This is also the suggested workaround from Daniel Roe for achieving a "require-like" behavior with Vite.

Now, let's put it all together!

<script setup lang="ts">import { filename } from 'pathe/utils'const dogNames = ['Riley', 'Annie', 'Marvin'];const selectedDog = ref('');const glob = import.meta.glob('@/assets/doggos/*.jpg', { eager: true })const images = Object.fromEntries(  Object.entries(glob).map(([key, value]) => [filename(key), value.default]))</script><template>  <div>    <label v-for="doggo in dogNames" :key="doggo" style="margin-right: 2rem">      <input type="radio" :value="doggo" v-model="selectedDog" />      {{ doggo }}    </label>    <img      :src="images[`${selectedDog.toLowerCase()}`]"      width="500"      :alt="selectedDog"    />  </div></template>

To see the code in action, you can also check out the StackBlitz.

And we achieve a similar result to the public folder approach, but with the benefits of the assets folder:

  • Caching: As vite will add a hash to the name of each image, we can change the image without changing the file name and the cache will be busted.
  • Image optimization: The image can be optimized by vite plugins like vite-plugin-image-optimizer, so we don't have to do it manually.

But it has also some downsides:

  • Image name: The image name will be changed, so linking it outside of your app will be nearly impossible
  • Perf-overhead: Importing the modules via glob add some overhead to the computed time, which is not optimal.

The solution

Both approaches have their pros and cons as you can see. I'd recommend using the asset folder approach only for static images which might change often in the future.

The public folder approach is a good default solution, especially if you use the Nuxt image module to optimize your images. The module actually requires the images to be in the public folder. Also, this approach is the easiest solution to implement, as you don't have to do any extra work. The only downside is that the image will be cached and you can't bust the cache as easy as with the vite-based approach.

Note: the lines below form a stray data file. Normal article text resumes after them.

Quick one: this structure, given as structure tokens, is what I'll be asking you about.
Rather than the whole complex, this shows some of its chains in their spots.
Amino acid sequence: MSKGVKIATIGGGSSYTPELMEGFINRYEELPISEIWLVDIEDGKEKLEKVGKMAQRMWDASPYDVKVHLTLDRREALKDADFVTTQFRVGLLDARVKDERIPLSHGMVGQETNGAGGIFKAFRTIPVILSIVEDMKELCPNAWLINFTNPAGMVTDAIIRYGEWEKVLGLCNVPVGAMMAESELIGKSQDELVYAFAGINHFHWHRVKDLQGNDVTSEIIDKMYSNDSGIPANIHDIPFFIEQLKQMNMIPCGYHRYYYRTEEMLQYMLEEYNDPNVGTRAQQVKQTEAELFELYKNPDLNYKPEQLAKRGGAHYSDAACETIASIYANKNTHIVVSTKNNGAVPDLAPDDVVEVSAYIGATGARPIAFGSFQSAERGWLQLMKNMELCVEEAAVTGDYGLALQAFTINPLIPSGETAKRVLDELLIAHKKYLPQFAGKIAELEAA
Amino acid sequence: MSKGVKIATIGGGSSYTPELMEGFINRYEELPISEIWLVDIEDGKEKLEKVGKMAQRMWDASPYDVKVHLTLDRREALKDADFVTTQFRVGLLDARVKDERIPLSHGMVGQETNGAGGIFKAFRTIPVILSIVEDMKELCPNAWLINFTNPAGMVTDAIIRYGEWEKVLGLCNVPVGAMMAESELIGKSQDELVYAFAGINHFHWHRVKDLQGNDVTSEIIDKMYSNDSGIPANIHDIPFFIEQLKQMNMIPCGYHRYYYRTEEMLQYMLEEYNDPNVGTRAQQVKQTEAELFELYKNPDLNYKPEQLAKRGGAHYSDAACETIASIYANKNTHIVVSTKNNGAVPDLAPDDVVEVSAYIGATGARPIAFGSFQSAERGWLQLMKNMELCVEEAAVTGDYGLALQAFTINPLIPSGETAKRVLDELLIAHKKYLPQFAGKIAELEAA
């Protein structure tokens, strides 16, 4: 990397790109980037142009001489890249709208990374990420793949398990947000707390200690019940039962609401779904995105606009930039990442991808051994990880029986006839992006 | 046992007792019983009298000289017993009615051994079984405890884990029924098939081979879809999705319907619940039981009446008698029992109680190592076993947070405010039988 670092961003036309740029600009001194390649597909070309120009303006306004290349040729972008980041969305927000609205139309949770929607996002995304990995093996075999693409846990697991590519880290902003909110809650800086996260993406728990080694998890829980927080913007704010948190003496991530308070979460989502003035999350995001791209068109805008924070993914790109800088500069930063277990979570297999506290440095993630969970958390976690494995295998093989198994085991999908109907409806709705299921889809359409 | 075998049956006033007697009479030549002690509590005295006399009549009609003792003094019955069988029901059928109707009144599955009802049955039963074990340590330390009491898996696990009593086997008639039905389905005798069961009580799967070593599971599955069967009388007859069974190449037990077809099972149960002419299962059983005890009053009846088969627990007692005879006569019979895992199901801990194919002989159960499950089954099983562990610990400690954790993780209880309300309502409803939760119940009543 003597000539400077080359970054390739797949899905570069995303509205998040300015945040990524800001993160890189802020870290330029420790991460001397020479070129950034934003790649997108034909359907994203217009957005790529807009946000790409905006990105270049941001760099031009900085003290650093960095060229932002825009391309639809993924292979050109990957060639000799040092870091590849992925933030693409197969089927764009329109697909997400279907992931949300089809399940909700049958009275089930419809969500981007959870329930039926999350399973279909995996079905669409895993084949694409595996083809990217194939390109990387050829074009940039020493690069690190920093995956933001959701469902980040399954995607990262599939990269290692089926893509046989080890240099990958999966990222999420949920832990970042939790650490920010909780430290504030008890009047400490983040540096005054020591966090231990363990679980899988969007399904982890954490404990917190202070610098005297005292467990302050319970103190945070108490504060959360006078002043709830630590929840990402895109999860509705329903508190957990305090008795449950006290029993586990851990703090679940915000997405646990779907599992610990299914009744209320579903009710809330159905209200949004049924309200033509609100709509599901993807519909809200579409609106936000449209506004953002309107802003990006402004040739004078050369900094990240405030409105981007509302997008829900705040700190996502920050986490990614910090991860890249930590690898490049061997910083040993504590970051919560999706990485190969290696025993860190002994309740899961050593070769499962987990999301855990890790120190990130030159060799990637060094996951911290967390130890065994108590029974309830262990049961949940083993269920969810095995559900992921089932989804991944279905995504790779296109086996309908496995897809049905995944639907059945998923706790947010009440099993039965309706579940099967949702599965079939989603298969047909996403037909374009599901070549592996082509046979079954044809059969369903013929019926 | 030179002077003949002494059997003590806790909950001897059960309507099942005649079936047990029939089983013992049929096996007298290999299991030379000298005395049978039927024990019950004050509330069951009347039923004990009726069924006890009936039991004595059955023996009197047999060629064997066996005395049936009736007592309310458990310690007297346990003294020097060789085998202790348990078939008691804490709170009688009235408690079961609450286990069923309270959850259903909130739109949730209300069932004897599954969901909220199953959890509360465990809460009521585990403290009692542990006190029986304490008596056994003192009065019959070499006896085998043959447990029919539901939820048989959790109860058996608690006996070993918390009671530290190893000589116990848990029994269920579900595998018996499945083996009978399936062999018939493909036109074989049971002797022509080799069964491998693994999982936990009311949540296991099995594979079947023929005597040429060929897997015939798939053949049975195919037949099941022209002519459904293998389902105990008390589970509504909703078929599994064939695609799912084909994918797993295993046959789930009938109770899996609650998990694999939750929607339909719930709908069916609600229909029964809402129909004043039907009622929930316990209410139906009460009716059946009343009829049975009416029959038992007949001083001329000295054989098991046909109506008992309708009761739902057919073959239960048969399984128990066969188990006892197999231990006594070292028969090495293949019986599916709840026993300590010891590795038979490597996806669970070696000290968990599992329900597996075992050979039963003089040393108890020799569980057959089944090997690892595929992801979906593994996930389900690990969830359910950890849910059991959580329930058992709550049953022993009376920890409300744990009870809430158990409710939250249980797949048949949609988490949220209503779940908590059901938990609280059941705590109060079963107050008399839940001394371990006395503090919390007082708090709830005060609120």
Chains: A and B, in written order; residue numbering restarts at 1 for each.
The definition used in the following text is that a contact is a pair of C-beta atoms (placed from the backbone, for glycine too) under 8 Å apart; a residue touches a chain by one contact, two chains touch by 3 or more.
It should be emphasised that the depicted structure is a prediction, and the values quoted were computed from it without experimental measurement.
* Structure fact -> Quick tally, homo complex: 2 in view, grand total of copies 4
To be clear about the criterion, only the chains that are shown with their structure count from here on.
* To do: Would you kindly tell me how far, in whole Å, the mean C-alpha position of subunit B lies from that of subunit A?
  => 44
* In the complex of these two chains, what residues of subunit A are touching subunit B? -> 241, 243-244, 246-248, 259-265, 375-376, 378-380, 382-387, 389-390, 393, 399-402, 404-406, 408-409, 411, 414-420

If you want to replicate a webpack-like behavior in Vite, loading images with dynamic paths is not as easy as it might seem at first glance. But with the help of import.meta.glob and some extra work, we can achieve a similar result if that's the requirement. With the public folder approach, we can load images dynamically without any extra work, but we have to keep in mind that the image will be cached and not optimized (so you better use the Nuxt image module).

Still have questions? No problem, drop me a Tweet (or however it is called now) at @TheAlexLichter, reach out on the Vue/Nuxt Discord or write me a mail (blog at lichter dot io).

I hope you enjoyed this article and learned something new! If you did, please consider sharing it with your friends and colleagues. Thanks for reading!

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Written by Alexander Lichter

I'm Alex, a German web engineering consultant and content creator. Helping companies with my experience in TypeScript, Vue.js, and Nuxt.js is my daily business.